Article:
Despite the limitations imposed by T. pallidum upon those who wish to study gene regulation, a group of syphilis researchers at the University of Washington in Seattle have started to dissect the regulation of several members of the 12-gene tpr (Treponema pallidum repeat) family. No one has figured out what the Tpr proteins do, but syphilis researchers are interested in them in part because they show how the immune response battles T. pallidum infections. For example, antibodies generated against TprK during infection bind to TprK exposed on the surface of T. pallidum and mark them for destruction by macrophages. More recent studies suggest that TprK undergoes antigenic variation (a topic of a future post), which may allow T. pallidum to persist in the host.
The Seattle group's studies on gene regulation have focused on the Subfamily II tpr genes tprE, tprG, and tprJ, as reported in the journal Molecular Microbiology. The sequences upstream of their transcription start sites contain a sequence that closely matches the consensus binding sequence for the E. coli global transcriptional regulator CRP (cAMP regulatory protein), also known as CAP (catabolite activator protein). The T. pallidum genome encodes a CRP homolog designated TP0262. In E. coli and a few other Gram negatives, CRP is an integral component of the complex network of transporter, regulatory, and enzymatic proteins that allow bacteria to selectively metabolize the preferred sugar, usually glucose, from those available in the environment. When glucose is absent, the enzyme adenylate cyclase is activated and synthesizes the second messenger cAMP (cyclic AMP), which turns on CRP by allosteric activation. (Here's a nice description of the allosteric activation of CRP.) The cAMP-CRP complex then binds upstream of various promoters and activates transcription by recruiting RNA polymerase to the promoter. Additional layers of regulation ensure that the genes are transcribed only when the sugar that is to be broken down by the gene products is present.
Because it's not possible to examine gene regulation in T. pallidum, the Seattle group transferred the tpr genes to E. coli, a genetically pliable bacterium. They fused each tpr gene, including the upstream sequences containing the proposed CRP binding site and the promoter, to a gene whose product is easily measurable, green fluorescent protein (gfp). They then introduced the plasmid carrying the gene fusion into an E. coli strain missing its crp gene so that they could measure tpr-driven GFP levels in the presence and absence of a second plasmid expressing TP0262. They found that TP0262 increased tprE'-gfp and tprJ'-gfp fusion expression while decreasing trpG'-gfp expression. The ability of TP0262 to control tpr'-gfp expression was lost when the CRP binding site was removed from the fusion constructions. They also showed that control of the tprJ'-gfp fusion by TP0262 was lost when the adenylate cyclase gene in E. coli was removed, indicating that cAMP was needed to activate TP0262 (data for tprE and tprG were not presented). Their in vitro experiments demonstrated binding of purified recombinant TP0262 to the proposed CRP binding site upstream of the three tpr genes by DNase I protection and gel shift assays.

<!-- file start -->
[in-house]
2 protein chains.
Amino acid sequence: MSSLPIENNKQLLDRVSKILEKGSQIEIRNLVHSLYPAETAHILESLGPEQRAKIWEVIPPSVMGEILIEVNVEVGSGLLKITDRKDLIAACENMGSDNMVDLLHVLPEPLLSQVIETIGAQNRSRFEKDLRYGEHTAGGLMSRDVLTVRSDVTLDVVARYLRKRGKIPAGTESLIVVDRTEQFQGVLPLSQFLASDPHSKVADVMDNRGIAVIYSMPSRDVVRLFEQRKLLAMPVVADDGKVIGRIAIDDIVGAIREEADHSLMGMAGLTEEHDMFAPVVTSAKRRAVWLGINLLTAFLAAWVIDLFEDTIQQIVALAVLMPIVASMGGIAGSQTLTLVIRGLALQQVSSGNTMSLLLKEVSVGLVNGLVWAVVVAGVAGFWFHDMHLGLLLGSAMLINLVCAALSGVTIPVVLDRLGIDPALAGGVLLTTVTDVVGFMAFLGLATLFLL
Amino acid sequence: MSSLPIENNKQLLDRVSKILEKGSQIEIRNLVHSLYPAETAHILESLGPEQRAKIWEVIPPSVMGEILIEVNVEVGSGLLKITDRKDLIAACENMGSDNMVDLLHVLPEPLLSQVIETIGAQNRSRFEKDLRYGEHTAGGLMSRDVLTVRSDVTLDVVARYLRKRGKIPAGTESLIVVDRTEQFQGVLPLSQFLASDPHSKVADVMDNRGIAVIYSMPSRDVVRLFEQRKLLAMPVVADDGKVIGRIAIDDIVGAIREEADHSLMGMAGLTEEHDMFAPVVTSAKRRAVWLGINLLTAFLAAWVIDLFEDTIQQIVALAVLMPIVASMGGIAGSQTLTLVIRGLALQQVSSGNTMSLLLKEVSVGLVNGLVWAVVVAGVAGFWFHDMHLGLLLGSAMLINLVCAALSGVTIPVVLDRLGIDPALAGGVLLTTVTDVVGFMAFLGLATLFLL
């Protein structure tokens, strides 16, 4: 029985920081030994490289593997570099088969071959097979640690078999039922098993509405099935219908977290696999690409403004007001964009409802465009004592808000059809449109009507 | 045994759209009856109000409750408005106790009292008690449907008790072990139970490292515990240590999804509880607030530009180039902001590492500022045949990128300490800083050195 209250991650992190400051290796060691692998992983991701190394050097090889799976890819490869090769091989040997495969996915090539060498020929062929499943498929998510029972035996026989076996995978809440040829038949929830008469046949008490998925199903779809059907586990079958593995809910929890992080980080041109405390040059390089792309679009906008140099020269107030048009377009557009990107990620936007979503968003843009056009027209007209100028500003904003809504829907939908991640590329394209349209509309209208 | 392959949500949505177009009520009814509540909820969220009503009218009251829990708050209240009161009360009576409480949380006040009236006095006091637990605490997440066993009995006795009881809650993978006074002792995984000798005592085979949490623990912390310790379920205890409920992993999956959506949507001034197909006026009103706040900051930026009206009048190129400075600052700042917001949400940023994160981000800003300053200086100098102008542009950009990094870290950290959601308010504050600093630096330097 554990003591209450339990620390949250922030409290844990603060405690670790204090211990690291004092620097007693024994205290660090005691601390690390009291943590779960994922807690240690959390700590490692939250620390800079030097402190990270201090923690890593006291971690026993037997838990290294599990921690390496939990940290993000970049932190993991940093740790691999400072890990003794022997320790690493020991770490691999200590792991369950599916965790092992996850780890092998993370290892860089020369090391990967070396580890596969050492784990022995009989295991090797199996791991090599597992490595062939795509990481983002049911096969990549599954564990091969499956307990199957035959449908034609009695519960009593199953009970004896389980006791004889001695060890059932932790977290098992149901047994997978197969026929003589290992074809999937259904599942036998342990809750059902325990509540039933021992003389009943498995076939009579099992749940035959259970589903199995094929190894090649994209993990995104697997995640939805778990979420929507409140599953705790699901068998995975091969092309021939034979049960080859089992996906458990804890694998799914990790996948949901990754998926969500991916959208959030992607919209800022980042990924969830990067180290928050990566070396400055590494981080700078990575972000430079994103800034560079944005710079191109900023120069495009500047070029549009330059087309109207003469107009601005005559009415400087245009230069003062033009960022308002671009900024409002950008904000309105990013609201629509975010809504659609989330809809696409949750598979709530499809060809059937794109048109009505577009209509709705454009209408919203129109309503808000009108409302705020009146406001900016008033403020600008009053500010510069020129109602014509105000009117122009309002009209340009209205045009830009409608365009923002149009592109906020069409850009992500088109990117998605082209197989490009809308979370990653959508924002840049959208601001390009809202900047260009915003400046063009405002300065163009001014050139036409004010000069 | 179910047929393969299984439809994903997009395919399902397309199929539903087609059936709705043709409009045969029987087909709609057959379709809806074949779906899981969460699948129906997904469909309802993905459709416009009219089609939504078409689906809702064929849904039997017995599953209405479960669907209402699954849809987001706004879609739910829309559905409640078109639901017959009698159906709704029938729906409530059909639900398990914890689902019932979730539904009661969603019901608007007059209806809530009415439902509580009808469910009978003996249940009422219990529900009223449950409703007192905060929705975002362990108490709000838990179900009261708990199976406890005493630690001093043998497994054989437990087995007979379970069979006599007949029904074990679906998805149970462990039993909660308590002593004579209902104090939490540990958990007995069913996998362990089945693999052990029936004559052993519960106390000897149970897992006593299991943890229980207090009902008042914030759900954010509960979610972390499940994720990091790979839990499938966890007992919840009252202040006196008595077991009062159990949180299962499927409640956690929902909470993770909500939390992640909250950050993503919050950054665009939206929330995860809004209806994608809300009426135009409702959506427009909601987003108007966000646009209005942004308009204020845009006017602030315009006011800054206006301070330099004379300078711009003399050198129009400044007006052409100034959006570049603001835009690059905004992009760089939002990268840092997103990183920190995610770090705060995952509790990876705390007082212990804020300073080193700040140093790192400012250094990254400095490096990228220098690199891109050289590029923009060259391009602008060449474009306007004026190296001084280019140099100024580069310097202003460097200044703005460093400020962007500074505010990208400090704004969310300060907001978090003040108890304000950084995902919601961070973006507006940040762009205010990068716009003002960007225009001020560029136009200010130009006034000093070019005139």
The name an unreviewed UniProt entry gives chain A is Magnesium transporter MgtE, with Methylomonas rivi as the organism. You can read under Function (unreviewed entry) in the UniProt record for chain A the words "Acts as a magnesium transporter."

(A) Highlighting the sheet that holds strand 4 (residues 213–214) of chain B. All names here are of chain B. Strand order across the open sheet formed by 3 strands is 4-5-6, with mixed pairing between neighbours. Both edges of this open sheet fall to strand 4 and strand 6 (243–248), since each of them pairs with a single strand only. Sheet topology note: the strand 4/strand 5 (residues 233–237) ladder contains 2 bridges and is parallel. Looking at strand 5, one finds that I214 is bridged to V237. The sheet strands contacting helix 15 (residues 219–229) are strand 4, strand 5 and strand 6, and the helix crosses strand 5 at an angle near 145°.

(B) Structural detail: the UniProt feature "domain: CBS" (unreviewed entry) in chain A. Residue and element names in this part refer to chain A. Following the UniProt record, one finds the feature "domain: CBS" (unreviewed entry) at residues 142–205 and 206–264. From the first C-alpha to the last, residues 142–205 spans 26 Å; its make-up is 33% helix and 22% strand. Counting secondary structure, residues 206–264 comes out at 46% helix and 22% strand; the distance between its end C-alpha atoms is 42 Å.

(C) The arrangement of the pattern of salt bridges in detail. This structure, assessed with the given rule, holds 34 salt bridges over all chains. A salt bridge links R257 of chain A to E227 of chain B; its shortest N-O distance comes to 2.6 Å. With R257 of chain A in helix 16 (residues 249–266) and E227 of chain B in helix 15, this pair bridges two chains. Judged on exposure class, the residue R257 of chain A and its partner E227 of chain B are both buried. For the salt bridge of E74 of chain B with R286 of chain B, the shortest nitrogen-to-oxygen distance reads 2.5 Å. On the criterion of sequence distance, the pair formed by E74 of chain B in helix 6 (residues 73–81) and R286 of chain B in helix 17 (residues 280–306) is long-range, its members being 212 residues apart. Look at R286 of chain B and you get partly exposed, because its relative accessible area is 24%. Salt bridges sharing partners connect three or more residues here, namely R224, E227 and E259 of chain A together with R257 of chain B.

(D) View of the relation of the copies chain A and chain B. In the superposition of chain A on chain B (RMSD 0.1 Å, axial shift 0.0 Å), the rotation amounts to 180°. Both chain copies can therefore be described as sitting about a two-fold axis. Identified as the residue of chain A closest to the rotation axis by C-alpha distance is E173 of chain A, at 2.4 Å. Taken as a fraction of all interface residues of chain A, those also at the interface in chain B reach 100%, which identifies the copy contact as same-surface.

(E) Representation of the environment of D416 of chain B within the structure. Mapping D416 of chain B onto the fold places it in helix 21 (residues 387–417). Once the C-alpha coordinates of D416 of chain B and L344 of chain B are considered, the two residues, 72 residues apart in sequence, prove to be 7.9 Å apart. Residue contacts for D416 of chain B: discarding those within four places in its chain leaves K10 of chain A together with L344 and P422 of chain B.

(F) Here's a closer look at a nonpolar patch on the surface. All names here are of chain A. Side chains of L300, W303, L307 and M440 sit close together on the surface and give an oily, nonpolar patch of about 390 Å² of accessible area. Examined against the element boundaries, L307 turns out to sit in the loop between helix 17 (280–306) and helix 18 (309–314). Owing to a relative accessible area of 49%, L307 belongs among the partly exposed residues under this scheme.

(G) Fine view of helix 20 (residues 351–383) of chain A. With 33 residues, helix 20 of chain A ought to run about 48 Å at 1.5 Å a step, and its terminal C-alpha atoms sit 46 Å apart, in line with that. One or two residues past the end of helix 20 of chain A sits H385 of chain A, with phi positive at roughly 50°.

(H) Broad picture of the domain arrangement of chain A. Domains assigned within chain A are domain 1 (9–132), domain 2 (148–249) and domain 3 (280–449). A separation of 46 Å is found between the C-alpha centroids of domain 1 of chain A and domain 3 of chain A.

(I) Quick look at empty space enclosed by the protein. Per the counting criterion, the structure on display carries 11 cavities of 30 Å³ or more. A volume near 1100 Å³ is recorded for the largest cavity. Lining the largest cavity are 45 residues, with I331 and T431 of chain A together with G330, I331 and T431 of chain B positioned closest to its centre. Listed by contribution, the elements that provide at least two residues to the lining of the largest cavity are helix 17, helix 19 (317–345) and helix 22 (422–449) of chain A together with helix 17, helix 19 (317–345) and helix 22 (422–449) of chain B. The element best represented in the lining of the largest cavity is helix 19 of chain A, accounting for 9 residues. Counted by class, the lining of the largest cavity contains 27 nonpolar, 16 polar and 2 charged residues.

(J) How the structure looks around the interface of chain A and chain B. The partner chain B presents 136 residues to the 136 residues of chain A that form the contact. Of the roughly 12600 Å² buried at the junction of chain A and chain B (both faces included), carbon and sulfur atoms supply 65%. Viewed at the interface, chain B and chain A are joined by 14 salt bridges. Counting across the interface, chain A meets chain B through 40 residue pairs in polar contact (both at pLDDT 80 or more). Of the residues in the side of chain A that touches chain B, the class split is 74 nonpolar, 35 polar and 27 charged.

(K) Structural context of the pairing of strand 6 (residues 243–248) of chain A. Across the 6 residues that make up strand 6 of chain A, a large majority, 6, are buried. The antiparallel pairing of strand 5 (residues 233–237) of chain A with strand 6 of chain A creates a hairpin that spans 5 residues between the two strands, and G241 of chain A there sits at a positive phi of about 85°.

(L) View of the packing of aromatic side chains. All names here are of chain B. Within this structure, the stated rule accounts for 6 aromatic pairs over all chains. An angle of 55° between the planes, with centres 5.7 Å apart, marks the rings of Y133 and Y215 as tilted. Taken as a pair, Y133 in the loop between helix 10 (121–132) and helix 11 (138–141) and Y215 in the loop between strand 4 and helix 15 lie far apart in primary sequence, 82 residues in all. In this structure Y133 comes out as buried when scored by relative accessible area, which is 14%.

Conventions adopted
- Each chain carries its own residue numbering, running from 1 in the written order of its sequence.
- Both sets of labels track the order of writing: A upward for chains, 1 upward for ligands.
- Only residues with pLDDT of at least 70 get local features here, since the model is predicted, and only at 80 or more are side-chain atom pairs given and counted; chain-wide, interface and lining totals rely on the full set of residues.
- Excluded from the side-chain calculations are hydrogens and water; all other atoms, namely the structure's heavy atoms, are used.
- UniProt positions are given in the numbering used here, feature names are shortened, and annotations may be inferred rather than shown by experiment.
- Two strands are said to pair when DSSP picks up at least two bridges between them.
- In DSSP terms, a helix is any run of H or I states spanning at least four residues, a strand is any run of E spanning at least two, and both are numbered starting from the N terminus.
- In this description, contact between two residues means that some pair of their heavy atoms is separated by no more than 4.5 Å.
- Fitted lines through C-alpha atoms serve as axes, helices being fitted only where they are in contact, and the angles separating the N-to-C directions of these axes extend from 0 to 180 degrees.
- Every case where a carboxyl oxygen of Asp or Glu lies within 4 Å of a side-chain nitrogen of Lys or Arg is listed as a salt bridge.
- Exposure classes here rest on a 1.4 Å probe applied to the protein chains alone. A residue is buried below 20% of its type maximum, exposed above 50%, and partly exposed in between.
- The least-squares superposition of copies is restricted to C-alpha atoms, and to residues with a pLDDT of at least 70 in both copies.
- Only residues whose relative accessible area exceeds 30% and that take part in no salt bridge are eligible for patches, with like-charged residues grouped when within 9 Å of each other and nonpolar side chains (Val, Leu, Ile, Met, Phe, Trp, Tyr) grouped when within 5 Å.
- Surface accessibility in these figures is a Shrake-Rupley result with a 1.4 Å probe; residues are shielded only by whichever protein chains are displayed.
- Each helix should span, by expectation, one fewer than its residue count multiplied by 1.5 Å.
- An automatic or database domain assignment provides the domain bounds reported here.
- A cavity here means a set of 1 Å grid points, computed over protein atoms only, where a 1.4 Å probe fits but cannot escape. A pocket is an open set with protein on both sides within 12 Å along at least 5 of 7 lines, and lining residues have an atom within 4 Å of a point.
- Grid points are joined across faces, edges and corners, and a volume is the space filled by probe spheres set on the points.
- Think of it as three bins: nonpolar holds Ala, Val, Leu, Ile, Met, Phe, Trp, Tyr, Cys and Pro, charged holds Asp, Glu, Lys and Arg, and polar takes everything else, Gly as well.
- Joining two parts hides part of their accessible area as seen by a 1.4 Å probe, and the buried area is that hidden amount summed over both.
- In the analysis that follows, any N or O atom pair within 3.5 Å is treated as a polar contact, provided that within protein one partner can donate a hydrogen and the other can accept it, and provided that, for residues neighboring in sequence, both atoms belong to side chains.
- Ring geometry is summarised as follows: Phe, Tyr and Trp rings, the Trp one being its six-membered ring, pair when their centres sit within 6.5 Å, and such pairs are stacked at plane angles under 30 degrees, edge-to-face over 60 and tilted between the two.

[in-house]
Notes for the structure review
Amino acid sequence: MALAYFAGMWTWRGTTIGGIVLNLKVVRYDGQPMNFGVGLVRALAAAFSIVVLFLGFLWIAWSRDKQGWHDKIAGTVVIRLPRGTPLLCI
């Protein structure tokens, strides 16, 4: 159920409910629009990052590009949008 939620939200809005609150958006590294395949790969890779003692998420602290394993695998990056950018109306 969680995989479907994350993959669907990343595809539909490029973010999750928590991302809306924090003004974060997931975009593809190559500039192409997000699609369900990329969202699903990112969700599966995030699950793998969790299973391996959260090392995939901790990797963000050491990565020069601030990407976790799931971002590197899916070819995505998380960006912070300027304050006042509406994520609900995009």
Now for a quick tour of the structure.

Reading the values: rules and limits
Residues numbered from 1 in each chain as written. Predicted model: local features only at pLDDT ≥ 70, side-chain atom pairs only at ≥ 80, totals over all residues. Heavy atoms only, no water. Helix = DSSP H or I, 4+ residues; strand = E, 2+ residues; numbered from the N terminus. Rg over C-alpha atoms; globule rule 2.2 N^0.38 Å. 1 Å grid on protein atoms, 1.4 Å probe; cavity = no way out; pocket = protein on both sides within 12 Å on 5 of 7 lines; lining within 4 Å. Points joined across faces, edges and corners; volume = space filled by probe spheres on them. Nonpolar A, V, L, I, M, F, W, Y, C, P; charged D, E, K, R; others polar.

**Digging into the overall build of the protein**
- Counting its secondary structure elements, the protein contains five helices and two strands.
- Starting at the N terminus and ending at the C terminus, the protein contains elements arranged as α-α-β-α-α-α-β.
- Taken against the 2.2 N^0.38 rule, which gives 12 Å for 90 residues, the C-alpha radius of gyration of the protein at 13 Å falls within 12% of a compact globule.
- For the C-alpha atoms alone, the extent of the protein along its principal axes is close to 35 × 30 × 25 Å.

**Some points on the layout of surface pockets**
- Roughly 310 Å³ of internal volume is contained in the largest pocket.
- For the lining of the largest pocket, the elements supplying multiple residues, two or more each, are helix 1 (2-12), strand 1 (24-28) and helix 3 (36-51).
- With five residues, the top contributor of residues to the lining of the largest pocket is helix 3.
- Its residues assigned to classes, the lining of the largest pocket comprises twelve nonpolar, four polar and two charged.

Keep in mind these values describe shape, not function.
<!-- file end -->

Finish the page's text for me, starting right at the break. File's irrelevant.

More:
What was missing from the study, as acknowledged by the authors, were experiments to demonstrate that TP0262 does the same thing in T. pallidum. For future studies, they plan to show that TP0262 is bound upstream of the Subfamily II tpr genes in T. pallidum by chromatin immunoprecipitation, which entails determining the sequence of the segment of DNA that is bound when TP0262 is immunoprecipitated from a T. pallidum extract. Such experiments would not require genetic manipulation or the ability to cultivate T. pallidum. It would only require harvesting a large number of T. pallidum spirochetes from infected rabbits.
What signal does TP0262 respond to? Does it respond to the glucose found in the host? The insightful Commentary by Radolf and Desrosiers sheds some light on the question. They note that T. pallidum is missing the special transporter genes that in E. coli encode the components necessary to link sugar availability to cAMP and CRP. They surmise that TP0262 has thus been freed to regulate genes not related to sugar metabolism, such as the tpr genes. Since CRP is a global transcriptional regulator in other bacteria, it is likely to regulate expression of not only the Subfamily II tpr genes but also additional genes in T. pallidum.
Near the end of their commentary, Radolf and Desrosiers made one comment that stood out:
One of the most important outcomes of the present study is that it will help put to rest the pregenomic view of the syphilis spirochaete as a transcriptionally invariant organism.
Maybe I'm too young to appreciate their point, but I can't believe that there ever was a time when syphilis researchers believed that T. pallidum genes were not regulated!
Giacani, L., Godornes, C., Puray-Chavez, M., Guerra-Giraldez, C., Tompa, M., Lukehart, S.A., & Centurion-Lara, A. (2009). TP0262 is a modulator of promoter activity of tpr Subfamily II genes of Treponema pallidum ssp. pallidum
Molecular Microbiology, 72 (5), 1087-1099 DOI: 10.1111/j.1365-2958.2009.06712.x
Radolf, J.D., & Desrosiers, D.C. (2009). Treponema pallidum, the stealth pathogen, changes, but how?
Molecular Microbiology, 72 (5), 1081-1086 DOI: 10.1111/j.1365-2958.2009.06711.x